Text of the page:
Only three months before Israel and the Palestinians were set to enter the most crucial phase of the peace process – permanent-status negotiations – Hamas renewed its terror campaign.
But along with the series of attacks in several Israeli cities, a rift has emerged among leaders of the fundamentalist Islamic group.
The rift became evident in conflicting leaflets distributed in eastern Jerusalem and the territories after Sunday’s attack on a Jerusalem bus.
Shortly after that attack, in which a Hamas suicide bomber claimed 18 victims, a leaflet was distributed in eastern Jerusalem by the Izz a-Din al-Kassam, Hamas’ military wing.
The leaflet was signed by “the new disciples of Yehiva Ayash,” the Hamas mastermind behind a series of terror bombings against Israelis. Ayash was killed in January at his Gaza hideout – an act widely believed to have been carried out by Israel.
The leaflet, repeating an offer made after the Feb. 25 Jerusalem bus bombing, which killed 26, proposed a cessation of Hamas terror attacks in exchange for an Israeli commitment to stop pursuing Hamas militants.
“We tell [Prime Minister Shimon] Peres that we have completed our vengeance to the death of the martyr Yehiya Ayash,” the pamphlet read. “We stop our armed struggle against Israel for three months, on the condition that the persecution of our people he stopped.
“We are ready for ceasefire and negotiations with Israel, through the Palestinian Authority.”
Sayyed Abu-Masameh, a Hamas political leader in the Gaza Strip, repeated the offer for a “temporary ceasefire.”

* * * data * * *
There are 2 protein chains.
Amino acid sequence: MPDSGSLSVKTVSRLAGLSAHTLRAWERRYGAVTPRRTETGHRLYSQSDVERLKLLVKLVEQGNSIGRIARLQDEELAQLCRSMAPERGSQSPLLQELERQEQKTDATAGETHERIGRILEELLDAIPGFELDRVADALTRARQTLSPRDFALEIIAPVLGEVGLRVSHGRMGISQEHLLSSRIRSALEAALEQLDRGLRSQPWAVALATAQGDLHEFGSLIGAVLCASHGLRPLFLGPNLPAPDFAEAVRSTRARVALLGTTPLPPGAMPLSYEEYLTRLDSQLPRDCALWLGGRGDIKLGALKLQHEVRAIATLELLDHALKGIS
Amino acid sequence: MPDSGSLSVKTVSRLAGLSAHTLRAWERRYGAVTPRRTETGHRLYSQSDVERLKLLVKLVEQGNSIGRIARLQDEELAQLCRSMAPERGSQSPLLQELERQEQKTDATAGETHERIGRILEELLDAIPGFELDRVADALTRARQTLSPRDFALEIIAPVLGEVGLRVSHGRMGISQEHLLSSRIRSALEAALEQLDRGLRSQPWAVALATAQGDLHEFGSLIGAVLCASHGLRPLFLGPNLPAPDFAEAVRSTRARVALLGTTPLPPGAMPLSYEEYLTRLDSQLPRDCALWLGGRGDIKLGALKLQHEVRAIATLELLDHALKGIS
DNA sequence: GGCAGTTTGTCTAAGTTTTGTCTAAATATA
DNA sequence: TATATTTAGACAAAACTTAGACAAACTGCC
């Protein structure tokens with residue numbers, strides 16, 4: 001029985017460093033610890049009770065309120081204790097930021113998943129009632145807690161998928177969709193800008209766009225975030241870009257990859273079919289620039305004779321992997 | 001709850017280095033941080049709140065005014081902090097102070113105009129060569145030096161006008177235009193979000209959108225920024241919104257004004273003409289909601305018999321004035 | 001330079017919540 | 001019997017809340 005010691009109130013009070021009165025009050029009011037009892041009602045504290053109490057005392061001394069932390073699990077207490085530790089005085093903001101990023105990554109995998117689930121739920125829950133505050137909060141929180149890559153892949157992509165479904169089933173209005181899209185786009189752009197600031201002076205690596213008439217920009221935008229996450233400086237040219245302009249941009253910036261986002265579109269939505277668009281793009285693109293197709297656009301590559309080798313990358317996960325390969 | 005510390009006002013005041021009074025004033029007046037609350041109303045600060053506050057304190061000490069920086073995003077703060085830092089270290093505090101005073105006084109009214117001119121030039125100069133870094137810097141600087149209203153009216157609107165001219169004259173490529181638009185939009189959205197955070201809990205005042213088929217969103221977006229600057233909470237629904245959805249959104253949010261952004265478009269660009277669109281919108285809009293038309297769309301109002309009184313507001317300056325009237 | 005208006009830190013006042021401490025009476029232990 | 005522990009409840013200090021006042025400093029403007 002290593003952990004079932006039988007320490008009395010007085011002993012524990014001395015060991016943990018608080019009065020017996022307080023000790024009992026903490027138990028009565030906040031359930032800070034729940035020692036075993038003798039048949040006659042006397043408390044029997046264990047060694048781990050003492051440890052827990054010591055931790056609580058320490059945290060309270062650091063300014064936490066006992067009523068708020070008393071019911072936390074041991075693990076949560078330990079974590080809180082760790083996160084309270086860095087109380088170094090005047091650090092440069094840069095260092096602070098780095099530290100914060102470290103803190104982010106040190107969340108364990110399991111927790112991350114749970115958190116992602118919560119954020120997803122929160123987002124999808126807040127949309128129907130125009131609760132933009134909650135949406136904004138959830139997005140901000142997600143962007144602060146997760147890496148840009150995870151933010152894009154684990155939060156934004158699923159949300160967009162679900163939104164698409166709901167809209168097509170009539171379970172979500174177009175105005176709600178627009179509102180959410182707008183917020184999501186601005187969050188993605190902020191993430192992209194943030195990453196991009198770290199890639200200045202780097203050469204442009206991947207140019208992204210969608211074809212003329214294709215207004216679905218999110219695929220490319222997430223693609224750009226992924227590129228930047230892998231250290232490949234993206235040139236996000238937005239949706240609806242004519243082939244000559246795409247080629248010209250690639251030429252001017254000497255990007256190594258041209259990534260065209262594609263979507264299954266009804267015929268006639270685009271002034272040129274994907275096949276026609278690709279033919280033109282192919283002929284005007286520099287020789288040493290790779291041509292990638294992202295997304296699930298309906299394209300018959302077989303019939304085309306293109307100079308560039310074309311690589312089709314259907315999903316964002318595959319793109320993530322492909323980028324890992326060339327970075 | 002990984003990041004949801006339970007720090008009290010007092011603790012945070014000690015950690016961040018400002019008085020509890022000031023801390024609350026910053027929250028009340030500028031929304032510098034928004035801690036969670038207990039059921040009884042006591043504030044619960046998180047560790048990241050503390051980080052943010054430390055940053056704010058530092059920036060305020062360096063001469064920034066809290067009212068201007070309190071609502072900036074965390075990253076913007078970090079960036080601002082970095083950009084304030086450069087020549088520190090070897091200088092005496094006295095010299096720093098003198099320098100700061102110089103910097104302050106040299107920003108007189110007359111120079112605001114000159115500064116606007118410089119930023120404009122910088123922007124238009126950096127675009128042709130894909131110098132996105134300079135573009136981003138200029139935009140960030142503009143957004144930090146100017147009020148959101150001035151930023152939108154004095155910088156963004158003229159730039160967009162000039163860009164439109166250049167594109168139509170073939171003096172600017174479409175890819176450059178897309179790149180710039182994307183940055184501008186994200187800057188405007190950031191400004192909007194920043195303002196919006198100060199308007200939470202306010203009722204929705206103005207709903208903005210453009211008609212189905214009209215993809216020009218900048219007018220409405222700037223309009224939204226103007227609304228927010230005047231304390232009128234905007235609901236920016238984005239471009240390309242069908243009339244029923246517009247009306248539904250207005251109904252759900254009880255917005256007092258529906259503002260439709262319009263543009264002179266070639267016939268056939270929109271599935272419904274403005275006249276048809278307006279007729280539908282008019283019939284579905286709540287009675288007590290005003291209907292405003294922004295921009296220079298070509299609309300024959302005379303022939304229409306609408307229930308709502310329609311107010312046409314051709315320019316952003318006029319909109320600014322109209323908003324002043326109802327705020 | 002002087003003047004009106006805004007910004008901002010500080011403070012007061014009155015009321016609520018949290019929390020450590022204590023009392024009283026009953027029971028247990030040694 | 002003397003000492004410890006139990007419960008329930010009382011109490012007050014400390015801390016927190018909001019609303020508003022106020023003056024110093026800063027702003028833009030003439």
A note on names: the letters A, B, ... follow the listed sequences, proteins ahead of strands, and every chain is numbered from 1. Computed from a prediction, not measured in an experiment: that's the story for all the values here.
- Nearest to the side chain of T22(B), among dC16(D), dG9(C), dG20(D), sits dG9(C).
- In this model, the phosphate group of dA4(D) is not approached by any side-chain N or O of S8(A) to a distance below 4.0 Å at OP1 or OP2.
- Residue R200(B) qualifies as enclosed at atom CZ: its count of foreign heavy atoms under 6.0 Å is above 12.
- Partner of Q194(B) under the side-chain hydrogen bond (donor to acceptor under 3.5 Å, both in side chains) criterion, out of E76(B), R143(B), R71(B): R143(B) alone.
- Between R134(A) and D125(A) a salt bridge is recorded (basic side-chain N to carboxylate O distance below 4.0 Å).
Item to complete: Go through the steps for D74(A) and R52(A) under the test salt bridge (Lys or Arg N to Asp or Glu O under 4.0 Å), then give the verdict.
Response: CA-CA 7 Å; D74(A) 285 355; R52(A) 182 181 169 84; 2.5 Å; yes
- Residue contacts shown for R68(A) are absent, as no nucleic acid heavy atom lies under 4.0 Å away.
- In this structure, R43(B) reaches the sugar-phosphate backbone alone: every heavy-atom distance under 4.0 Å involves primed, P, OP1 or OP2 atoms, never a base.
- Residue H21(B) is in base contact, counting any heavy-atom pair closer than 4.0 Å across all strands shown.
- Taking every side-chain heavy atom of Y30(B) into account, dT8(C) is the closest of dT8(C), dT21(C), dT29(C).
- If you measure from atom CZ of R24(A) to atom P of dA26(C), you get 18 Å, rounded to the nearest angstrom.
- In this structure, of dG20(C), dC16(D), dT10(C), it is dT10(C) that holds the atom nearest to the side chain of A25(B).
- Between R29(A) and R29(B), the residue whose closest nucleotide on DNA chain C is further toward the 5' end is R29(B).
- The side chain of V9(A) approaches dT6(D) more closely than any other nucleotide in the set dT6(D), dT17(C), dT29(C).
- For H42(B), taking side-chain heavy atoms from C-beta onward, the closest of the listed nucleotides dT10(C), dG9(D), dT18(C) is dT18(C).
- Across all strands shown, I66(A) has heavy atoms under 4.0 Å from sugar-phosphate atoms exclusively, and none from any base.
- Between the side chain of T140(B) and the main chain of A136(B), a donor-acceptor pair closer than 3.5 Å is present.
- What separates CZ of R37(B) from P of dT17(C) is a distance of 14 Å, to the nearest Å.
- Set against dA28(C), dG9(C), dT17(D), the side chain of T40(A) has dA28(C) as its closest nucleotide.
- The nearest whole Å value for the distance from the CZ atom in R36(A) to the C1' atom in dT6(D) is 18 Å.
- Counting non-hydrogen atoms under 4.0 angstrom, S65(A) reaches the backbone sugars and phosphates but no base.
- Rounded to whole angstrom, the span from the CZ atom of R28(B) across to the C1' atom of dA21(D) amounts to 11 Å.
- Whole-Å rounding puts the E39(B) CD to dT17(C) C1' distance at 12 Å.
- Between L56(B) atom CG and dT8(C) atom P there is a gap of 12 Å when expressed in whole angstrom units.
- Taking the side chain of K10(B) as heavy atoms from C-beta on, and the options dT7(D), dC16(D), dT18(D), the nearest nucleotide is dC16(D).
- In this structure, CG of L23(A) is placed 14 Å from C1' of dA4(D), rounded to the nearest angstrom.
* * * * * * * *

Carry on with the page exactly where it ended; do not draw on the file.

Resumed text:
But a few hours later, another leaflet was distributed, also signed by Hamas, denying the contents of the previous leaflet and committing the organization to the continuation of its terrorist attacks.
Mahmoud a-Zahar, another Hamas political leader in Gaza, said, “We have received a mandate from the Palestinian people to avenge the killing of `the Engineer,’ Yehiya Ayash.”
The next day, a Hamas suicide bomber struck in the heart of Tel Aviv, killing at least 12 at a popular shopping mall on Purim eve.
The two conflicting pamphlets reflect a crisis within Hamas – a division that has its roots in the founding of Hamas in the early days of the intifada, or Palestinian uprising, which began in late 1987.
Hamas was founded as an offshoot of the Moslem Brotherhood in Egypt, and it embarked on a parallel course to the Palestine Liberation Organization, which has so far refrained from an all-out confrontation with the rival organization.
Unlike the militant Islamic Jihad movement, Hamas aspired to take over the Palestinian community first by humanitarian activities, providing the society with social, educational and medical services.
The military operations of the Izz a-Din al-Kassam group came later. The rifts that became evident this week reflected the divergent tactics of the Kassam militants and the broader Hamas leadership.
Pinhas Inbari, in his new book “The Palestinians Between Terrorism and Statehood,” describes the rift within Hamas not only as ideological, but also a clash of personalities.